EREZ CROSSING, at the Israel-Gaza border — At 375,000 square feet, the terminal through which travelers pass between Israel and the Gaza Strip is a vast, high-tech hangar with a capacity of 45,000 people per day. Current traffic: 400 or fewer.
It was built, for about $60 million, starting in 2005, the year Israel withdrew all its settlers and soldiers from Gaza in what many imagined as a pilot land-for-peace deal that might be a precursor to an independent Palestinian state. But in June 2007, four months after the terminal was completed, Hamas, the militant Islamist movement, wrested control of Gaza. Israel sharply reduced the number of exit permits as part of a broader clampdown.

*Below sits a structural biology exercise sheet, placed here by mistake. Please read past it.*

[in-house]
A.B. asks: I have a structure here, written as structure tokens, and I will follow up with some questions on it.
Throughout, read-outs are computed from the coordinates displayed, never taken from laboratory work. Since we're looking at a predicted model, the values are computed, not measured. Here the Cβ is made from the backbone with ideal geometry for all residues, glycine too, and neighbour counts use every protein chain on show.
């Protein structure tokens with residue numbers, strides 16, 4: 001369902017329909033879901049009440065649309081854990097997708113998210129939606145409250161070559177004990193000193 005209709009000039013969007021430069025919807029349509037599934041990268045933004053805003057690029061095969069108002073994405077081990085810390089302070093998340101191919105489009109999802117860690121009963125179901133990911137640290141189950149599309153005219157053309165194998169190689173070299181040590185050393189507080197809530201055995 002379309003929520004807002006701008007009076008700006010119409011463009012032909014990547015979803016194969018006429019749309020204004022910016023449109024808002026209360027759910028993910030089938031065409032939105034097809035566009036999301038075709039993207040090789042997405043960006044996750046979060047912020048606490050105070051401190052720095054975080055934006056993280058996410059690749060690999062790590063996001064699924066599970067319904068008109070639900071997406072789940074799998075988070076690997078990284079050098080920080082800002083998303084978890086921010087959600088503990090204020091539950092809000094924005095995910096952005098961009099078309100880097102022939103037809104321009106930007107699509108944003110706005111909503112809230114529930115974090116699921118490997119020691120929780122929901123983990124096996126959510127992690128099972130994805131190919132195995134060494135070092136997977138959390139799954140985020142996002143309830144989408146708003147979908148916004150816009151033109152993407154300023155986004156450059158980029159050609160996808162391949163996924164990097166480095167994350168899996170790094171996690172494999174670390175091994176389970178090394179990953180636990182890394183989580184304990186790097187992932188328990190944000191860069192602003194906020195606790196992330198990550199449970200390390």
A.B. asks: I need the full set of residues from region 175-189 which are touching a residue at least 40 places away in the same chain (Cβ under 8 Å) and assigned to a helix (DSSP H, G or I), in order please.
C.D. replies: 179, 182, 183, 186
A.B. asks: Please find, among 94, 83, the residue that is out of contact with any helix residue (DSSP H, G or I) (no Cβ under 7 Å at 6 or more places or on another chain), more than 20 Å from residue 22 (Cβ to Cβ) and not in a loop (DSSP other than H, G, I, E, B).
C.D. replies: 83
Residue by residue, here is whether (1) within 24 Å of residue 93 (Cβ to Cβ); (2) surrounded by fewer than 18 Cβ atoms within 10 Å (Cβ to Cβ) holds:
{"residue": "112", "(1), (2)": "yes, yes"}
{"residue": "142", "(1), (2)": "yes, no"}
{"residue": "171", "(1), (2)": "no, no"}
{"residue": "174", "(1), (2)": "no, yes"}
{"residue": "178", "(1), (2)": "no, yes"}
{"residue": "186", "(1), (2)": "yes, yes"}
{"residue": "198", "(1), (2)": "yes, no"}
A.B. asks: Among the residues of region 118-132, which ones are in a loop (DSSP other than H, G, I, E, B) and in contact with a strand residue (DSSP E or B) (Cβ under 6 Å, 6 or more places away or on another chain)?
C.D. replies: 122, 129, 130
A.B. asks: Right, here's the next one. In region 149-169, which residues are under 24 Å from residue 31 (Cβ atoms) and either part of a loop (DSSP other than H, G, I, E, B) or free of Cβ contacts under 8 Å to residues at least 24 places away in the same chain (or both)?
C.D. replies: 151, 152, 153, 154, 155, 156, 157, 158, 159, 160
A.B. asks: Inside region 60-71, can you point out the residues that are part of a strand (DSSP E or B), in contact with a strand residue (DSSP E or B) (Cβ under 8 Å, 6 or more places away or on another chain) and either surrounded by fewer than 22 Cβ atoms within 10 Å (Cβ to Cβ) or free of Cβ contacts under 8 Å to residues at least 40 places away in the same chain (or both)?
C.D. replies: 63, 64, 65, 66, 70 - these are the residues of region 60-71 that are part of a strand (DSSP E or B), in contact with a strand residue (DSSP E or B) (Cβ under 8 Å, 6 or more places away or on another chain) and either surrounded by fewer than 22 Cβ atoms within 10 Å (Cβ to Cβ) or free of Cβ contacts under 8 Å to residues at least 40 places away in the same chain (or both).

“They must allow our brother and sister in the West Bank to come to Gaza; they should allow at least children to go from Gaza to Jerusalem, to Tel Aviv, to Ramallah,” said Faysal Shawa, a businessman who is among the privileged few with a permit. He travels through Erez about twice a month.
“We want a safe passage as before, a peaceful one, yes,” Mr. Shawa said. “They can allow many, many, many, many, many more people out of Gaza, and that used to happen. It’s just political; they want to keep the pressure in Gaza.”
During this summer’s seven-week battle between Israel and Hamas, Erez was where the first Israeli civilian was killed — a 37-year-old volunteer felled by a mortar shell while distributing food to soldiers. In the fighting’s final days, another attack on Erez wounded four people, temporarily closing the crossing.
The Crossroads of Special Operations